This book presents a rich ethnography of post-conflict social and economic recovery in East Timor following the end of Indonesian military occupation of the territory in 1999. It offers a longer-term analysis of the pathways to rebuilding and restoring local community life, and the budding prosperity that has flowed from participation in spontaneous circular labour migration and the remittance benefits that have followed.
Based on extensive comparative literature and field-based empirical research, the book explores the protracted process of cultural and economic revival following a generation-long period of military repression and a sustained struggle for national independence. With a focus on the experiences of Fataluku ethno-linguistic communities in Timor-Leste, the study offers nuanced perspectives on the legacies of conflict and local forms of governance, the revitalisation of customary exchange and ancestral religion. Presenting both an optimistic and alternative narrative in which a traumatised population finds new hope and emergent prosperity, this book highlights a renewed concern with inter-generational well-being and widespread aspirations for prosperity and material benefits following decades of deprivation. It is also an analysis of post-conflict resilience against the odds, illustrating the adaptive possibilities of tradition in the context of globalisation and expectations of modernity.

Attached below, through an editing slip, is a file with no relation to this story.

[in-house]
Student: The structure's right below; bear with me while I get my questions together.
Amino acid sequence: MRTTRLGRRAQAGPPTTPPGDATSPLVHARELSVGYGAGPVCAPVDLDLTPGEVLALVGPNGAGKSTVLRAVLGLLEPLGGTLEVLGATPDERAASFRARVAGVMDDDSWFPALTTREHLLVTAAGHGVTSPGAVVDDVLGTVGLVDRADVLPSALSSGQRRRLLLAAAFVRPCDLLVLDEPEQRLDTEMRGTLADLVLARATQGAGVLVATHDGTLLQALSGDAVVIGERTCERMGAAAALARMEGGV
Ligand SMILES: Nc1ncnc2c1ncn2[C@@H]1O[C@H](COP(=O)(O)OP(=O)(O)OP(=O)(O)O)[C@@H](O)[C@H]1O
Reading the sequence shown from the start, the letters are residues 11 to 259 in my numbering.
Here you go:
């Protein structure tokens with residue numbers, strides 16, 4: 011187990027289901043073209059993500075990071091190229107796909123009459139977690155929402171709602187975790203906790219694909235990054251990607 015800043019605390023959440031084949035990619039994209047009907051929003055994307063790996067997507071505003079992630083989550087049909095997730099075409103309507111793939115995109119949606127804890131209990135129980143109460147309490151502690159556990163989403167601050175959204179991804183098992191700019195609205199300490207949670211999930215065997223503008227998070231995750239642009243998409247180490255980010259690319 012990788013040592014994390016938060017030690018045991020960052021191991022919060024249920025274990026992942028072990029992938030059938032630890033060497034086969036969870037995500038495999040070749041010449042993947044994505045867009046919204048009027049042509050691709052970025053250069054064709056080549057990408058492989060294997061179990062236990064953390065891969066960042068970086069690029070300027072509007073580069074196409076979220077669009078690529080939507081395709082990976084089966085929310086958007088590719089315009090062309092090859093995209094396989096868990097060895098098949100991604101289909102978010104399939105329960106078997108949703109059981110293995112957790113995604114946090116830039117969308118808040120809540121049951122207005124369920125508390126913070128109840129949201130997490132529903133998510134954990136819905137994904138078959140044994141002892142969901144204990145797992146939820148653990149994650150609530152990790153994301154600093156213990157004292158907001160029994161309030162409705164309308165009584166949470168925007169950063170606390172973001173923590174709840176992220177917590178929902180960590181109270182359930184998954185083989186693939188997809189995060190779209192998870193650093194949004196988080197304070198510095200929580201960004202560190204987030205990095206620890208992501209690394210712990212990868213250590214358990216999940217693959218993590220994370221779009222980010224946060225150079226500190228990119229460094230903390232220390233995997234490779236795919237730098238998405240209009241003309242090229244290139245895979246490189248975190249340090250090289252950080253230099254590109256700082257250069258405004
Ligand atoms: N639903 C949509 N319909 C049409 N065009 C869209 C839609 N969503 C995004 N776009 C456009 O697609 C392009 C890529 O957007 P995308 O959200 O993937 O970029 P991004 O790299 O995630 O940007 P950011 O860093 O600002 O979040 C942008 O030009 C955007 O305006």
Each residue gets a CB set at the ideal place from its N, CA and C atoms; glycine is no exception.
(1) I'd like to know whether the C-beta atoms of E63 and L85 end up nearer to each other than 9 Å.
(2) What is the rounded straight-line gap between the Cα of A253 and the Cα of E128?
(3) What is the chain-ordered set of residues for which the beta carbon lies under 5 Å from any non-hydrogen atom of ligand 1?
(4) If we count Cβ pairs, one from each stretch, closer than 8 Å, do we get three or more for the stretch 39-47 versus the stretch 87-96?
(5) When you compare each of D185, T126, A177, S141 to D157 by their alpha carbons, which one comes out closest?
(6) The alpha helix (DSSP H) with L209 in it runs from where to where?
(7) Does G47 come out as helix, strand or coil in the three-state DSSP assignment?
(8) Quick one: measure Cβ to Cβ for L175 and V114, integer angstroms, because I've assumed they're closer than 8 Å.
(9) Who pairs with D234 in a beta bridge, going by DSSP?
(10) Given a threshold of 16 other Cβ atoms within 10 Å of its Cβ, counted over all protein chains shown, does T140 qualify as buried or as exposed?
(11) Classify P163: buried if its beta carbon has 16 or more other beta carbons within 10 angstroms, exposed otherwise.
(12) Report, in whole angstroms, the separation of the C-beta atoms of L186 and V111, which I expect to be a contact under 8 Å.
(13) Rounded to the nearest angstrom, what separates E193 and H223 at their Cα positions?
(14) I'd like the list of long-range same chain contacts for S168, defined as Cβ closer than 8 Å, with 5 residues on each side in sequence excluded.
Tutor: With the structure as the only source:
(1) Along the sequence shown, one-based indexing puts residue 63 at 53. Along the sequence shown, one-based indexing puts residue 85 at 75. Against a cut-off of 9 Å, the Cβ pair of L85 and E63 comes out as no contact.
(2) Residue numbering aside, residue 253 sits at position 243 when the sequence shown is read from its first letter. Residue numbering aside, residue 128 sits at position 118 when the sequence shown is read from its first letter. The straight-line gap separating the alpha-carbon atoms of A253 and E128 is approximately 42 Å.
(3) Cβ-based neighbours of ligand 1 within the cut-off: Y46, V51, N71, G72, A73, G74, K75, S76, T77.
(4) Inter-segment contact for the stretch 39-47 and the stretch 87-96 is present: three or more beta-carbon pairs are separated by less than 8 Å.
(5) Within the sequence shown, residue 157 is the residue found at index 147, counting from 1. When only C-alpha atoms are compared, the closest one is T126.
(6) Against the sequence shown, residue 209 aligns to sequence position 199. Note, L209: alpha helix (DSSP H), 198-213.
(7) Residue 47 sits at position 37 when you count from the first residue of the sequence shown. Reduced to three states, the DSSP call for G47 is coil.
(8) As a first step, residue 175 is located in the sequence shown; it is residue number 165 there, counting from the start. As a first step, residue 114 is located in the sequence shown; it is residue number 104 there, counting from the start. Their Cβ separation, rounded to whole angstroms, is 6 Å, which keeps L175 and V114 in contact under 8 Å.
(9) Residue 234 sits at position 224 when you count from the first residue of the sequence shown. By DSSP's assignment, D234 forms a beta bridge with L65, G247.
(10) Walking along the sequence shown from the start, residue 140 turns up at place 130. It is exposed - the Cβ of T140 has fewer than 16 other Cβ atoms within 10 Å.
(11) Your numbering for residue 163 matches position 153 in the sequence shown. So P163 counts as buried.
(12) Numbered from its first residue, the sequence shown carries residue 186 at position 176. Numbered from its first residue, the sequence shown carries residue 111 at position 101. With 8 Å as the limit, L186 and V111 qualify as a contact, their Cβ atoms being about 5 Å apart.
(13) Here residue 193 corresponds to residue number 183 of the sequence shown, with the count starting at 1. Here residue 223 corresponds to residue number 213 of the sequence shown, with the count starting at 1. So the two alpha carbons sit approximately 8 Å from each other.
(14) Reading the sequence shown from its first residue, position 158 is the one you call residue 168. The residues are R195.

As a major contribution to understanding the emergence and expansion of informal transnational labour migration out of East Timor, this book will be of interest to academics, researchers and policy makers of contemporary Timor-Leste, Southeast Asian Politics, Southeast Asian Culture and Society, Development Studies, Anthropology and Conflict Studies.
1. Redemptive Legacies; 2. Paths to Recovery, The return to custom; 3. Landscapes of Violence and Resistance; 4. New Fataluku Labour Migration; 5. Distant Ancestors, Facebook families and the Digital Connect; 6. Landscapes of Remittance and Return; 7. Customary Moderns
The books in this series address issues in processes of development, globalisation and change in Southeast Asia. Where appropriate they contextualise change and local responses to it by providing ethnographic materials on social and cultural forms and institutions. Although all the contributors to the series examine modern and contemporary issues in the anthropology of Southeast Asia, the emphasis in each book differs as authors choose to concentrate on specific dimensions of change and globalisation or work out particular conceptual approaches to the complex issues of development. Areas of concern include: nation-building, power and the media; technological innovations in agriculture and rural-urban migration; the expansion of industrial and commercial employment; the rapid increase in cultural and ethnic tourism; the consequences of deforestation and environmental degradation; heritage and identity; contemporary expressions of religious affliliation; the 'modernisation of tradition'; ethnic identity and conflict; changing gender relations; and the religious transformation of society.